product is used and in many cases the packs are often left in
public view [1,4]. As a result, the smokers and the nonsmokers
are exposed to the ads. The ethical issue of this
exposure and the results of it will be discussed later.
Graphical warnings as an alternative method
Several researches about the efficacy of the graphical
warnings suggested that comparing to the textual warnings;
the pictorial warnings have more effect. Fisher, Richards and
Krugman  found that small text warnings are hooked up
with low level of awareness to the warnings. Therefore, based
on Shanahan and Elliott  it can be suggested that grater is
the size of the ad, the grater is its impact. Hence, the bigger is
the ad, much more effective it is. The Australian research
examined local cigarette packs where 90 percent of the front
side and 30% of the backside are covered with graphical
warnings and found that the effectiveness of warning depends
on the size of the ad [1,4].
However, the size is also crucial in text warnings. Hammond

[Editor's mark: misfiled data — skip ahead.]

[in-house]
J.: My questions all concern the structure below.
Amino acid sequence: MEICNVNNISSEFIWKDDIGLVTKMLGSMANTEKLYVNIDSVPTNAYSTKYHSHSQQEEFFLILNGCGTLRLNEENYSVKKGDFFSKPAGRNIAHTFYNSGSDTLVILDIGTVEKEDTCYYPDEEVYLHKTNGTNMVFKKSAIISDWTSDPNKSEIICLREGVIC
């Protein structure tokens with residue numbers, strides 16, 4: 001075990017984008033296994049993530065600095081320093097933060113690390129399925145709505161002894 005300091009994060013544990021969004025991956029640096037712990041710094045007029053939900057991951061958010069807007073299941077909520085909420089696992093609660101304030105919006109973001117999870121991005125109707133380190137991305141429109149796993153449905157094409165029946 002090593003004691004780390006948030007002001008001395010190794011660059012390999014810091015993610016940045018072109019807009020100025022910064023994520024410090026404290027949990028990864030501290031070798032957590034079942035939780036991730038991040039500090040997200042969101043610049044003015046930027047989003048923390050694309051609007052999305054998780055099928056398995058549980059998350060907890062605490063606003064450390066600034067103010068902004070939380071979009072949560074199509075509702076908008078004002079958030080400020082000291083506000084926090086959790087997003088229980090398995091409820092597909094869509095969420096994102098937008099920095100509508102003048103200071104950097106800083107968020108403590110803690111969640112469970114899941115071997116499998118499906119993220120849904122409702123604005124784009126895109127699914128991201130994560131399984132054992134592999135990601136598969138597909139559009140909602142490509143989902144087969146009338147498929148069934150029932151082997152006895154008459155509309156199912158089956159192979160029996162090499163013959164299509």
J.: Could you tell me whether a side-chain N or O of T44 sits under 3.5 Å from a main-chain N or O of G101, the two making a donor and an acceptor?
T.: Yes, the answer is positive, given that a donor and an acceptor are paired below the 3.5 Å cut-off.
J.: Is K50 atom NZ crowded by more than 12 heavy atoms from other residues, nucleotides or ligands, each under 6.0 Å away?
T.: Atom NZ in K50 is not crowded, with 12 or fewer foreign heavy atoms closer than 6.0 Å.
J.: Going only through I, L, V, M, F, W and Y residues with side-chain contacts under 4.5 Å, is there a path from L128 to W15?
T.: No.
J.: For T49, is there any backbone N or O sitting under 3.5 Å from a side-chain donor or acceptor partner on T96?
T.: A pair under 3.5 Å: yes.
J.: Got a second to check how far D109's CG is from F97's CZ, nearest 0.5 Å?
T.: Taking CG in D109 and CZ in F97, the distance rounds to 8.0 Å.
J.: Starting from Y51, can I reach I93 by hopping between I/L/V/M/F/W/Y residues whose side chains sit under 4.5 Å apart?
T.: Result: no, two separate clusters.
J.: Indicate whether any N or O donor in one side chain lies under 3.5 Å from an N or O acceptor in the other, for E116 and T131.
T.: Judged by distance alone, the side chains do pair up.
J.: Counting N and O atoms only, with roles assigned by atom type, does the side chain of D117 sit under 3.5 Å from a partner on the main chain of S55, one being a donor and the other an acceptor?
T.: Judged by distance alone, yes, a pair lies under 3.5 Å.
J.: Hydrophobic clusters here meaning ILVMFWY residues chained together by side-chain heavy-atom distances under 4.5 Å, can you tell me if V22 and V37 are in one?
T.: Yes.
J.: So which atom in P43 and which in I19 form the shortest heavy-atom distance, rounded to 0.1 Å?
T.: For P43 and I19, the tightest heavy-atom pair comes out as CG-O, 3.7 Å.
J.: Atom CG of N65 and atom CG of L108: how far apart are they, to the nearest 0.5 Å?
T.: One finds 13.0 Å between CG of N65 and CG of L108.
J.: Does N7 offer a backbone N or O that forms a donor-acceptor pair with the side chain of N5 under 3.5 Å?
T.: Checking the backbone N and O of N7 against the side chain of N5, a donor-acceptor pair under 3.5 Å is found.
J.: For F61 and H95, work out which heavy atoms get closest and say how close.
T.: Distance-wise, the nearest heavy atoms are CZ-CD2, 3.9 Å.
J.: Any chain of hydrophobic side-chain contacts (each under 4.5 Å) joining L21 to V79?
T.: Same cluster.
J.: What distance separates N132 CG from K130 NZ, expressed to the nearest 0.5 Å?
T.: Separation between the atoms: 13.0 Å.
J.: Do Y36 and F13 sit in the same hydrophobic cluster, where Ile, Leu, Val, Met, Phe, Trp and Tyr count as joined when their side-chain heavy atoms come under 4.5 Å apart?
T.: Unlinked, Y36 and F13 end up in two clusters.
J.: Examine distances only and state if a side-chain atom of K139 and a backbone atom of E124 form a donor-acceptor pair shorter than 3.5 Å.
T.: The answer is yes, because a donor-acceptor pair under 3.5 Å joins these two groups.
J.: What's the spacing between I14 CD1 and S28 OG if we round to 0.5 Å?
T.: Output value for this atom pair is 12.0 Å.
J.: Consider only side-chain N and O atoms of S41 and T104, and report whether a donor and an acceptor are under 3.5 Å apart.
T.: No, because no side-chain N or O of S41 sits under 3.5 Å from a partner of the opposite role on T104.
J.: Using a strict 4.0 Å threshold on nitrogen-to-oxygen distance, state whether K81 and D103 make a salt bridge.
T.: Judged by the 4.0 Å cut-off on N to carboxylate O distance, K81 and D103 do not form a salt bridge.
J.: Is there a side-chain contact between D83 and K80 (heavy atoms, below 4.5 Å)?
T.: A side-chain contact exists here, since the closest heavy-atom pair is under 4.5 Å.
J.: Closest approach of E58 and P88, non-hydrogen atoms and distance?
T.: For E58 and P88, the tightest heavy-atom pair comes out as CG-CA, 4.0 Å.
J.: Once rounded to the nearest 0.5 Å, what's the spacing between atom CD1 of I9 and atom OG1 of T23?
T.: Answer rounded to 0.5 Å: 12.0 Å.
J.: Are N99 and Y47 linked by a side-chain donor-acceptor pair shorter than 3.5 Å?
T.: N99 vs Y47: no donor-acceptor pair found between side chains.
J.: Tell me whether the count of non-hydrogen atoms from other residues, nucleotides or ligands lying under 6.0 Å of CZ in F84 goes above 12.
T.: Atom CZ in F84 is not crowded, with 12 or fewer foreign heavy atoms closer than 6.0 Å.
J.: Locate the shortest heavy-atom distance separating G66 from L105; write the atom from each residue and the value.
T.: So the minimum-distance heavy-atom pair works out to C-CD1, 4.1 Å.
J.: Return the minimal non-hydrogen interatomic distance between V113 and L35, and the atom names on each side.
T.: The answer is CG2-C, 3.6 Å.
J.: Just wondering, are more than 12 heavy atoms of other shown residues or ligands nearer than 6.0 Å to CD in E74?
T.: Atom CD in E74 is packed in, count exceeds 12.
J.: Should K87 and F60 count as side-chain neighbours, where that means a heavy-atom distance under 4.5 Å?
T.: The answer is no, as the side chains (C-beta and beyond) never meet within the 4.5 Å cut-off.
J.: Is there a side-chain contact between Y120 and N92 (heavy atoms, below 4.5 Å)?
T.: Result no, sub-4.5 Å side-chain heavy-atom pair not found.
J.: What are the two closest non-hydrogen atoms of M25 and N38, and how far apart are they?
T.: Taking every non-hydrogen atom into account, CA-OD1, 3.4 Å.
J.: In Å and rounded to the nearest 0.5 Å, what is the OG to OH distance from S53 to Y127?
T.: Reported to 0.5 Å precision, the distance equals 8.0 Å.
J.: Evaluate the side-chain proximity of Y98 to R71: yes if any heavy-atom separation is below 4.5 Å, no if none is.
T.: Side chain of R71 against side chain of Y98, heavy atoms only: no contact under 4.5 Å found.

suggested, based on Fathelrahman et al‘s. research , that
large warning text is increasing the perceptions of risk and the
message is more informable when it is bigger and easier to
read. Pictorial warnings also increase the perceptions of the
warning credibility .
Health warnings with pictures attract much more attention
than the textual warnings since it is the first thing that the
smoker is looking at, thus supplying him more information.
The pictorial warnings are better remembered than the textual
warnings and therefore the health information is remembered
better for a long term period [1,7]. Researches in countries
where the pictorial warnings have been implemented showed
that the smokers can identify more smoking risks than in the
countries with textual warnings [7,8]. For example, a research
on Chinese smokers in 2008 showed that the smokers rated the pictorial warnings as a much more effective tool than the
textual warnings for motivating smoking cessation and for